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Full Terms & Conditions of access and use can be found at Rhetoric Society Quarterly ISSN: 0277-3945 (Print) 1930-322X (Online) Journal homepage: A Tightrope of Perfection: The Rhetoric and Risk of Black Women’s Intellectualism on Display in Television and Social Media Tamika L. Carey To cite this article: Tamika L. Carey (2018) A Tightrope of Perfection: The Rhetoric and Risk of Black Women’s Intellectualism on Display in Television and Social Media, Rhetoric Society Quarterly, 48:2, 139-160, DOI: 10.1080/02773945.2017.1392037 To link to this article: Published online: 11 Dec 2017. Submit your article to this journal Article views: 779 View related articles View Crossmark data Citing articles: 3 View citing articles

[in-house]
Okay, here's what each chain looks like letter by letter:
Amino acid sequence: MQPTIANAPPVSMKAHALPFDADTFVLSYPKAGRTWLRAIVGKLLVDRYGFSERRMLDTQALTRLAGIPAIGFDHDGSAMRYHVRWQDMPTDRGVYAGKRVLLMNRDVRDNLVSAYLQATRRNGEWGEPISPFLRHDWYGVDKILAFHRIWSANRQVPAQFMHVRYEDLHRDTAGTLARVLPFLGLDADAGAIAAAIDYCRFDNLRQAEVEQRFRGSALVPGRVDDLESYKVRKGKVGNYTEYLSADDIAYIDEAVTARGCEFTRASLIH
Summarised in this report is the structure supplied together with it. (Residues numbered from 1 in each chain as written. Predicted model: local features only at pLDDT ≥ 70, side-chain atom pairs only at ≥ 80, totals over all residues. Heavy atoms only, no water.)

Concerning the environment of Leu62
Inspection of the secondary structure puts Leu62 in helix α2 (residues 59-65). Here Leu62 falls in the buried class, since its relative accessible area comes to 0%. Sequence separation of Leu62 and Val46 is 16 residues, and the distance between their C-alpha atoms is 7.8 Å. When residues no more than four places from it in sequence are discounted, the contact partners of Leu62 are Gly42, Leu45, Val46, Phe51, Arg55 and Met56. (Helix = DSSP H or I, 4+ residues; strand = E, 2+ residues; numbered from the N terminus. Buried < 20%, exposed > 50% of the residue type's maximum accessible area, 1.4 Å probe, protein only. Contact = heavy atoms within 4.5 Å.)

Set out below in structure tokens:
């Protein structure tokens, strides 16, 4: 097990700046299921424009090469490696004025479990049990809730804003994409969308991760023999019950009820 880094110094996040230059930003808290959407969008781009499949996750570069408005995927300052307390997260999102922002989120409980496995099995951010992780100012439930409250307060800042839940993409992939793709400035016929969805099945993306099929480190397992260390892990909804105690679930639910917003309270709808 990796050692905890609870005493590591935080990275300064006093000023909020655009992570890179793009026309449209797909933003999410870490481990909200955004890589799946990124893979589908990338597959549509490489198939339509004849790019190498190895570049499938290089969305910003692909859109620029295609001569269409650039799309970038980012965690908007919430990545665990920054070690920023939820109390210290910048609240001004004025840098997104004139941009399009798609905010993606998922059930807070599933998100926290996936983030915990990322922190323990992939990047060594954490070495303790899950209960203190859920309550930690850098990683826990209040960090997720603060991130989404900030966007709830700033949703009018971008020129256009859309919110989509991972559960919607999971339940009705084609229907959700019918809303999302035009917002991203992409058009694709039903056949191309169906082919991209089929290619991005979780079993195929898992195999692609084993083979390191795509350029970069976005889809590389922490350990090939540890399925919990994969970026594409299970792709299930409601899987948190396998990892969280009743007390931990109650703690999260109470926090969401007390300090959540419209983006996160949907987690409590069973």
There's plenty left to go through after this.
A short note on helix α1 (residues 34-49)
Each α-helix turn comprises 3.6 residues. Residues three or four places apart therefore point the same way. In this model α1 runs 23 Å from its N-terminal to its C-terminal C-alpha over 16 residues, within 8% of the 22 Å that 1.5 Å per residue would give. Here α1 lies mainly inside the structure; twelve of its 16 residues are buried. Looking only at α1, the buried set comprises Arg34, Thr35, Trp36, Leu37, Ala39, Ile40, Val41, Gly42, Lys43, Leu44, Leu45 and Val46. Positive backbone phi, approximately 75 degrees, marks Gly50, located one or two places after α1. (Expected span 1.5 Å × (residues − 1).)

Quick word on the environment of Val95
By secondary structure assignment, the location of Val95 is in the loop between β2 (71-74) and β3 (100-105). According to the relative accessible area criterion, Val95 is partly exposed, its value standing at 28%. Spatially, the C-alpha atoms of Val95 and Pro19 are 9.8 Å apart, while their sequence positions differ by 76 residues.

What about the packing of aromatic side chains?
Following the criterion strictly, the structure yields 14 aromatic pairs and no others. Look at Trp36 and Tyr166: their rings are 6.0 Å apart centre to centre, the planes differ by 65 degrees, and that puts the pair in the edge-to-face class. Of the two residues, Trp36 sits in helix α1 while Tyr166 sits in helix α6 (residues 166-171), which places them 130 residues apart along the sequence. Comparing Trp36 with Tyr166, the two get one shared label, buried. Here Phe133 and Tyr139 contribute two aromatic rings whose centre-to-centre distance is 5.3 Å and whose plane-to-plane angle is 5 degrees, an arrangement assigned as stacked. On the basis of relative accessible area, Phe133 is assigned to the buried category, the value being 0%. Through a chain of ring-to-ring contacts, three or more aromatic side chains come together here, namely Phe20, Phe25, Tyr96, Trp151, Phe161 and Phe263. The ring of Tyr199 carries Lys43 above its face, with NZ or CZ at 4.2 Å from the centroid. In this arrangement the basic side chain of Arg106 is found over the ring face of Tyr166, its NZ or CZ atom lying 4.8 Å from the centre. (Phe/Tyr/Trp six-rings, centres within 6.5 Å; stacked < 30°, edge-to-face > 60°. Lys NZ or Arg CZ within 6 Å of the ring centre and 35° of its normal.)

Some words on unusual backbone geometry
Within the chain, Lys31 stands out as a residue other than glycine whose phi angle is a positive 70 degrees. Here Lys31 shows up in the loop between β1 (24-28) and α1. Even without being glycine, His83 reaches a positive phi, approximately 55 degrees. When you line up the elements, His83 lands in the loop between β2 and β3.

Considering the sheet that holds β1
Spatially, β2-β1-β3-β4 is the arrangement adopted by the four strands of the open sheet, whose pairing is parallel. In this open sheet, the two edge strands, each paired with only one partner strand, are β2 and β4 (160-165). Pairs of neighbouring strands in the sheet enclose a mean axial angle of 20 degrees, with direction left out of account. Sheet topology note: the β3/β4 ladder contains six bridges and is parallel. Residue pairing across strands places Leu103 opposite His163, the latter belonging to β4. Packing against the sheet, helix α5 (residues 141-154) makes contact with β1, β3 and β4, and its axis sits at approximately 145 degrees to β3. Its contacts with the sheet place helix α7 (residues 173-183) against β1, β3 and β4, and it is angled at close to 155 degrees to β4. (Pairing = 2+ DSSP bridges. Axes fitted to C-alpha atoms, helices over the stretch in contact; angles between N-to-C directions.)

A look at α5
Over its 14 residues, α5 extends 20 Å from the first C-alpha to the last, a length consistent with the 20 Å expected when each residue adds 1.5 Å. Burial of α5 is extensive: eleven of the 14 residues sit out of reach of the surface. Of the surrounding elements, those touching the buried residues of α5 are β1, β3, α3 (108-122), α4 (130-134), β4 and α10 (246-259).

A Tightrope of Perfection: The Rhetoric and Risk of Black Women s Intellectualism on Display in Television and Social Media Tamika L. Carey Although models for recovering and theorizing black women s discourse have focused on examples of communicative eloquence, competence, verbal prowess, and depictions of strategy, these frame- works do not completely account for the racialized threats of violence black women sometimes incur as consequences for their participation in public dialogues. To understand how risk and penalty are activated against black women intellectuals on television and social media, this essay analyzes the controversy and subsequent social media backlash Wake Forest University professor and former MSNBC host Melissa Harris-Perry experienced in late 2013 after off-hand remarks about former presidential candidate Mitt Romney s African American grandchild. When read as the consequence of feminist literacy practices and signifying enacted within a hostile surveillance culture, Harris-Perry s experience reveals an adverse rhetorical condition that penalizes and silences contemporary black women speakers and intellectuals. Keywords: African American, apology, black women, media, surveillance #IStandWithMHP because the tightrope of perfection that women of color walk in this country everyday is outrageously unjust. Lemon Sorbette By the time Political Science professor and author Melissa Harris-Perry posted this March 1, 2016, tweet ( Figure 1 ), it was obvious that she would not be offering the MSNBC network a public apology for walking away from the weekend news and talk show bearing her name. 1 That February, Harris-Perry s viewers and journalists from rival networks started to question if Nerdland, the affectionate nickname the host had Tamika L. Carey is Assistant Professor of English and WGSS Faculty Affiliate, University at Albany SUNY, 1400 Washington Avenue, Albany, NY 12222, USA. E-mail: [email protected] Color versions of one or more of the figures in this article can be found online at .

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